Have you noticed? The ministry of worship has changed considerably over the past twenty-five years.
This is particularly true in Churches of Christ where a cappella singing has been a defining characteristic, and even litmus test of faithfulness. Here’s the short-hand version of our change. Our tribe lived for a century with the presence of a song leader, someone who selects the songs, pitches them appropriately, and gets us started. After that, we’ll do the rest. Now we are recognizing that there is a far greater depth to the role of song leader. What many churches are looking for now is a worship leader.
What’s the difference between a song leader and a worship leader?
A song leader worked in a clipboard environment of worship planning. In the church of my youth we actually had “dear brother deacon” who stood at the back of the auditorium with a clipboard. His job was to check off everyone participating in the worship presentation—which included the song leader. If the song leader was ever late, brother deacon got mighty nervous. The key person in the worship experience was the preacher. The song leader was ancillary. In fact, as long as there was preaching, the worship event could be successful. Singing and music could be left out.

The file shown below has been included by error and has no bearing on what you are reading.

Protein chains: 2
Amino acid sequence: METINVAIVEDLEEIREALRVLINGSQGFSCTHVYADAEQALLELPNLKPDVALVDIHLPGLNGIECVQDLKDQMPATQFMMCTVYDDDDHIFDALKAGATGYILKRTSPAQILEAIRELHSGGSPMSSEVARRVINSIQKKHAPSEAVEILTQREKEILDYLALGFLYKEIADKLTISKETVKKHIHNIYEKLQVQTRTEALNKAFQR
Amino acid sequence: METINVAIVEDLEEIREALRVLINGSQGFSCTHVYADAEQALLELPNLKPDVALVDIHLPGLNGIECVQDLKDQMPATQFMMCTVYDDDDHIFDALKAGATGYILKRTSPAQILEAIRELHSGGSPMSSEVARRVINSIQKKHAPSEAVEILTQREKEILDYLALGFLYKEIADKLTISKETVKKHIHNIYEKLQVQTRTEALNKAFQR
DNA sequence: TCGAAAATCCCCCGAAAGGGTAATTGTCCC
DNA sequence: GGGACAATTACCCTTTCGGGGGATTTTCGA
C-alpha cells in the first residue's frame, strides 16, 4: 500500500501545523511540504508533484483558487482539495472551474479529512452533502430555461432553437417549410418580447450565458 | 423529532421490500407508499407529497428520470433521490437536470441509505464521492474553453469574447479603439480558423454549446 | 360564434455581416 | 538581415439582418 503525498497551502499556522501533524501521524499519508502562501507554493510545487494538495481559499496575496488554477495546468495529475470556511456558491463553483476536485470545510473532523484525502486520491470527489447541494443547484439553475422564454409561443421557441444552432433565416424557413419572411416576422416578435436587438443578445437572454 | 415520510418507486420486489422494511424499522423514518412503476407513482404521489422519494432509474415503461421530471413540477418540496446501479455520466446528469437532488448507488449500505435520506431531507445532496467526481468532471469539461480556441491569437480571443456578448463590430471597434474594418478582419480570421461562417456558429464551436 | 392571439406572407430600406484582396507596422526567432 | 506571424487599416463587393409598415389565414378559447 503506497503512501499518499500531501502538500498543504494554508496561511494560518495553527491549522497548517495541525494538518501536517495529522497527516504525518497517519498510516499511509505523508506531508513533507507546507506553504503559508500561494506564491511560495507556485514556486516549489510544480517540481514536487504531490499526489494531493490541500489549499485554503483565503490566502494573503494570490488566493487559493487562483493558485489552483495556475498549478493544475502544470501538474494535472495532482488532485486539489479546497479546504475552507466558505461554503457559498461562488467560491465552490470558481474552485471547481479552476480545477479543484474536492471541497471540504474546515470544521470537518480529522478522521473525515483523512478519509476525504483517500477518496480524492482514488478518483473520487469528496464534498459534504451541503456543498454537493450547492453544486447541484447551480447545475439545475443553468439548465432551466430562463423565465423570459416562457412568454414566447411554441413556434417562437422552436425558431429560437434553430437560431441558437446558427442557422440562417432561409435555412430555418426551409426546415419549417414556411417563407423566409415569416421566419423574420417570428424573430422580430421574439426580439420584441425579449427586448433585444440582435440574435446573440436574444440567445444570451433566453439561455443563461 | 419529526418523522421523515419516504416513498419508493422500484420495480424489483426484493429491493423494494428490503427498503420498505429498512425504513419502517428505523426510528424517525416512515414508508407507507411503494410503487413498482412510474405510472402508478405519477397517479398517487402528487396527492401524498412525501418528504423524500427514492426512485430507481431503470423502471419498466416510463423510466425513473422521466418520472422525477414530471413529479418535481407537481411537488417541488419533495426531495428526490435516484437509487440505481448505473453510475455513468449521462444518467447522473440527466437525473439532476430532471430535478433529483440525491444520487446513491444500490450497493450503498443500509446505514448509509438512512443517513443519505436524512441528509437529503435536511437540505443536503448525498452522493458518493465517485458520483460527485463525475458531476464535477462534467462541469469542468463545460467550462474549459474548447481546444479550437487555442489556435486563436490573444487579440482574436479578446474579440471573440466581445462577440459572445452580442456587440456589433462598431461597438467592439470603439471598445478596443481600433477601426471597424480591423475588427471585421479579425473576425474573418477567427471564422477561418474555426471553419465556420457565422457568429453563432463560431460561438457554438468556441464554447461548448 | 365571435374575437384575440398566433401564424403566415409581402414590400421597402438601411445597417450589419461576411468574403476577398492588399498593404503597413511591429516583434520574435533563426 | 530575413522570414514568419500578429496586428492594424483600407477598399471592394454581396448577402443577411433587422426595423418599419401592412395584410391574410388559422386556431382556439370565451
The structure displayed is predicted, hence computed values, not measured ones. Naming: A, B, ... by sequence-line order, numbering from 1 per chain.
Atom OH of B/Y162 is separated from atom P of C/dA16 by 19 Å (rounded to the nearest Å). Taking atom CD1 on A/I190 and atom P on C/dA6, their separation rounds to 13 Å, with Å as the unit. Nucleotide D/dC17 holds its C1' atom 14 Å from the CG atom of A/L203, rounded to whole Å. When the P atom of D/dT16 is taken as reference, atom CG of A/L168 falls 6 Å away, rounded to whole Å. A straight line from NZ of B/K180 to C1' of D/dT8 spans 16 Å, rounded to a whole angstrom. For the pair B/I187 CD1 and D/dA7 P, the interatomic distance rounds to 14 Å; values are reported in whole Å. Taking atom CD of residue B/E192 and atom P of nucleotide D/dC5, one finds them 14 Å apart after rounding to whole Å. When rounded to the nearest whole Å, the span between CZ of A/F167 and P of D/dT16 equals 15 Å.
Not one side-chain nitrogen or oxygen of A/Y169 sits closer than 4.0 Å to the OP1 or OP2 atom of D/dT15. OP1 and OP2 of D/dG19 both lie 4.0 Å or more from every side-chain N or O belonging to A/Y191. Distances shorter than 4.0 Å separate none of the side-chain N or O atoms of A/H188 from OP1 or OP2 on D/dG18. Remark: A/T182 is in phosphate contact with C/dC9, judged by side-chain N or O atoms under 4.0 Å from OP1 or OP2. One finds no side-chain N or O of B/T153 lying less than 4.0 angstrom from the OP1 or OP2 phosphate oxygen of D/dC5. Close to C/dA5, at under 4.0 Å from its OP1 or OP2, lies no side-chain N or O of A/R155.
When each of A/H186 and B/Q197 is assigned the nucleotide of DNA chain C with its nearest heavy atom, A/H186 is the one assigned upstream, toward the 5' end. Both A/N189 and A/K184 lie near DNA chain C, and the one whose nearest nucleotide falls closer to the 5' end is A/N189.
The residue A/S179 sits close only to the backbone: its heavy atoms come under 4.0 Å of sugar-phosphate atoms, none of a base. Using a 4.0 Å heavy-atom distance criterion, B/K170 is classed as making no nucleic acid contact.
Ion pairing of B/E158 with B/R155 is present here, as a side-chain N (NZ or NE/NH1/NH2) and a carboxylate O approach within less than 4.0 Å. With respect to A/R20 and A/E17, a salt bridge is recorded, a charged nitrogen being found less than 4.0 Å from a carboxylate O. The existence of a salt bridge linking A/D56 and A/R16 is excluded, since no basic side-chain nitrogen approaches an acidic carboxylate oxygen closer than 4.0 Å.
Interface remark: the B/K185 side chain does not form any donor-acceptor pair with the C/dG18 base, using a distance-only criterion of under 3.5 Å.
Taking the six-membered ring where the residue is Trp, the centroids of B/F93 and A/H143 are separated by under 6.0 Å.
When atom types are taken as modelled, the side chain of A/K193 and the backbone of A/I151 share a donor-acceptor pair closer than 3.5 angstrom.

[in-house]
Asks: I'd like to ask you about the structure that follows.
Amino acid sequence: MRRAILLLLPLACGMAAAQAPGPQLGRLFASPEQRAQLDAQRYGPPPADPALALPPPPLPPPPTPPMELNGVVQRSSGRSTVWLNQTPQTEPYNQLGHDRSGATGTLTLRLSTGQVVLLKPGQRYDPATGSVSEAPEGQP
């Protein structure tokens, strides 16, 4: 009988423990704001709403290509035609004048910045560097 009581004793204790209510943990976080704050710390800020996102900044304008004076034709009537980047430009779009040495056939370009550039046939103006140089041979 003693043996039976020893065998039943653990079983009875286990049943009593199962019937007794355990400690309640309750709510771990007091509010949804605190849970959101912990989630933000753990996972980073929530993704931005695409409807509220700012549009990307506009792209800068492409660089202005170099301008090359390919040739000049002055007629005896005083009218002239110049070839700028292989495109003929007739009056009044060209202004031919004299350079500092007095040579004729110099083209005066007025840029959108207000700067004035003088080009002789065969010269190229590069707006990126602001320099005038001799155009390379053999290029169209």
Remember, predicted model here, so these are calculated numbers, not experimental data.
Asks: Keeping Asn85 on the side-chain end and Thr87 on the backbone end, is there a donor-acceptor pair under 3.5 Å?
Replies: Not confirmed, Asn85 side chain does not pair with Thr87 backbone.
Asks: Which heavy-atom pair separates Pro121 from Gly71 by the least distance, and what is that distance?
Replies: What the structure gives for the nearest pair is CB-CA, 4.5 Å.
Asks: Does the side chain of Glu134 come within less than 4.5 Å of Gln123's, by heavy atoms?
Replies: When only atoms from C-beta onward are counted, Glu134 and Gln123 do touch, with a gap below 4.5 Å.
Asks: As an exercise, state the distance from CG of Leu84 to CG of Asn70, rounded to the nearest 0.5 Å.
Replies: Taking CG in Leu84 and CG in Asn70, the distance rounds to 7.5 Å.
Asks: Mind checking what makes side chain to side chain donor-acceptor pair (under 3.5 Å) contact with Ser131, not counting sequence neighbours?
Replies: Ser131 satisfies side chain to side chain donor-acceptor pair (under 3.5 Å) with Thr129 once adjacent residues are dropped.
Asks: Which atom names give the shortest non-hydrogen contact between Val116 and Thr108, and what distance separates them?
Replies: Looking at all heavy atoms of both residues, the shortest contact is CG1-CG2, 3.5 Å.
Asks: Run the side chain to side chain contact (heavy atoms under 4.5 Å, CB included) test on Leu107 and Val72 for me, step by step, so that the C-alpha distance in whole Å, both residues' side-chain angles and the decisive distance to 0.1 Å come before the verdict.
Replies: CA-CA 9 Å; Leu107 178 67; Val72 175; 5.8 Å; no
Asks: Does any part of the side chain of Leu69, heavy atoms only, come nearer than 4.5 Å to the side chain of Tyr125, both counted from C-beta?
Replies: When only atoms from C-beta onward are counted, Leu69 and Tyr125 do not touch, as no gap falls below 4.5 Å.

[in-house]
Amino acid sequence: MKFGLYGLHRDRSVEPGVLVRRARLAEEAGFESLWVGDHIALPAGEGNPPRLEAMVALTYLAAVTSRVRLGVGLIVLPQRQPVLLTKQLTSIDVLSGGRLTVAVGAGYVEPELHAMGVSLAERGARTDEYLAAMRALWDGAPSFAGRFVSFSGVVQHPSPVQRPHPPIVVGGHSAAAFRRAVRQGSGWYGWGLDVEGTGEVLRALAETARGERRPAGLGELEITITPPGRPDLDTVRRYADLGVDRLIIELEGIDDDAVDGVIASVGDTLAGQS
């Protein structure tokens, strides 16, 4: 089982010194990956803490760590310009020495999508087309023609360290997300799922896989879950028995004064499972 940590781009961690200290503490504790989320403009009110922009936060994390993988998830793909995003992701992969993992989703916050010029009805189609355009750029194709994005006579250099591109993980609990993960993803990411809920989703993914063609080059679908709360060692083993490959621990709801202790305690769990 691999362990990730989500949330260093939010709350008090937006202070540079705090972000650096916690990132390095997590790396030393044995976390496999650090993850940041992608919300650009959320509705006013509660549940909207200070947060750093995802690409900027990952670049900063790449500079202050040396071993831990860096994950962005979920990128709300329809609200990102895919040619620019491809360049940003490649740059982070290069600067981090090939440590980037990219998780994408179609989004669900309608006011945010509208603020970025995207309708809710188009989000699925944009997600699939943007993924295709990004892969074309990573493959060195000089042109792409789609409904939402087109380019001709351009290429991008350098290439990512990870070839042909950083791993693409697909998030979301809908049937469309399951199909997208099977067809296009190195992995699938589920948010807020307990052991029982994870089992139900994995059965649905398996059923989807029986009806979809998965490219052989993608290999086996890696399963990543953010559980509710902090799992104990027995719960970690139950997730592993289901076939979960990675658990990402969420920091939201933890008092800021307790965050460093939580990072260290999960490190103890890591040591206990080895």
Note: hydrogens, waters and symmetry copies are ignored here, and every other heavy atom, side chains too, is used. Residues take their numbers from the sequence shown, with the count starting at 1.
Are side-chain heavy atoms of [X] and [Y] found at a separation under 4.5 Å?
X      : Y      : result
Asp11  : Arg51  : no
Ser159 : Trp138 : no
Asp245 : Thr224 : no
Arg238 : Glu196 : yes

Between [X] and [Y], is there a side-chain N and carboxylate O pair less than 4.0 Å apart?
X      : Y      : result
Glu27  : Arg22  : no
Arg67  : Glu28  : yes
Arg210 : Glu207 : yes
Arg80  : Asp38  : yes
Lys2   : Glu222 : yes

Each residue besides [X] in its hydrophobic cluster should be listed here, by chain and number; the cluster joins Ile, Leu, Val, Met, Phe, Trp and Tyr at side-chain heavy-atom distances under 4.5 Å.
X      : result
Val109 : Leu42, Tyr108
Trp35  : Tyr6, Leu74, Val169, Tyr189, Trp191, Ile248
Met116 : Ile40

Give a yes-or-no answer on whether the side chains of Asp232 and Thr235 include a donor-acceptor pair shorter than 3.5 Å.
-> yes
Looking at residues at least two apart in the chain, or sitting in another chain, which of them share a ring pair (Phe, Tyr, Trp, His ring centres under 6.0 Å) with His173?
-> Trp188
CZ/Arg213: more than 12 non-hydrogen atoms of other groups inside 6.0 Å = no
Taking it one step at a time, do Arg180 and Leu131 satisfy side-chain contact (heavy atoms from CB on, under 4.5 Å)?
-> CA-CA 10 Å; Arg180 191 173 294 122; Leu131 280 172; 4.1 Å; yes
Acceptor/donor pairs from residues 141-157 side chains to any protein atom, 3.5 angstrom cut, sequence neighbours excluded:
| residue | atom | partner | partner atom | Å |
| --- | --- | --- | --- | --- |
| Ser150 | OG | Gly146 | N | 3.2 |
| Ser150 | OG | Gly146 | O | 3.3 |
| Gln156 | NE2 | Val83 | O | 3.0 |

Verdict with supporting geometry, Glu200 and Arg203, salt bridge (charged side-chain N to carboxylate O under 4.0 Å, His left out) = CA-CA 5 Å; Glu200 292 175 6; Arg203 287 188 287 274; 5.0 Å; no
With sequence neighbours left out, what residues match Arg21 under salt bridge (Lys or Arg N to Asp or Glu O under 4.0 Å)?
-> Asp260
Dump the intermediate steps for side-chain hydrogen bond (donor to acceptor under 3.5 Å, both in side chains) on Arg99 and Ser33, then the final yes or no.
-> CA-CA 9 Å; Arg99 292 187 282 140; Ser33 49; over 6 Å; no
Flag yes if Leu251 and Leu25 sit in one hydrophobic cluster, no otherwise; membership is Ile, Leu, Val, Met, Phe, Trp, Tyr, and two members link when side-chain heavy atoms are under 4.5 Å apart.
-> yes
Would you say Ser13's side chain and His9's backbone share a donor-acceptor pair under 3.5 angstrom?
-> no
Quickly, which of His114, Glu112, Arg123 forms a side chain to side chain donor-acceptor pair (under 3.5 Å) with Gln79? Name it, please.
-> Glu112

Today, the worship leader ministers in a richer, more expansive environment. In fact, the worship leader functions much like the conductor of an orchestra. The worship leader sets the stage, develops the atmosphere, and directs the people through the movements of the worship experience. The preacher appears on stage much like the featured soloist. We look forward to and applaud the soloist, but it is the conductor who has created the experience. That is what the worship leader does today.
Cole NeSmith, co-pastor and creative director at City Beautiful Church described the worship leader’s role this way: The true goal is to recognize, create, and amplify a culture of worship unique to where you are.”
Right now, I now of five churches looking for worship ministers. All of the them are a bit “angsty” about the fact that worship leaders are so hard to find. As we’re going through that search at our church, here are five criteria that stand out when hiring a worship leader.
I pray these reflections are useful to you as you consider your church and the ministry of worship.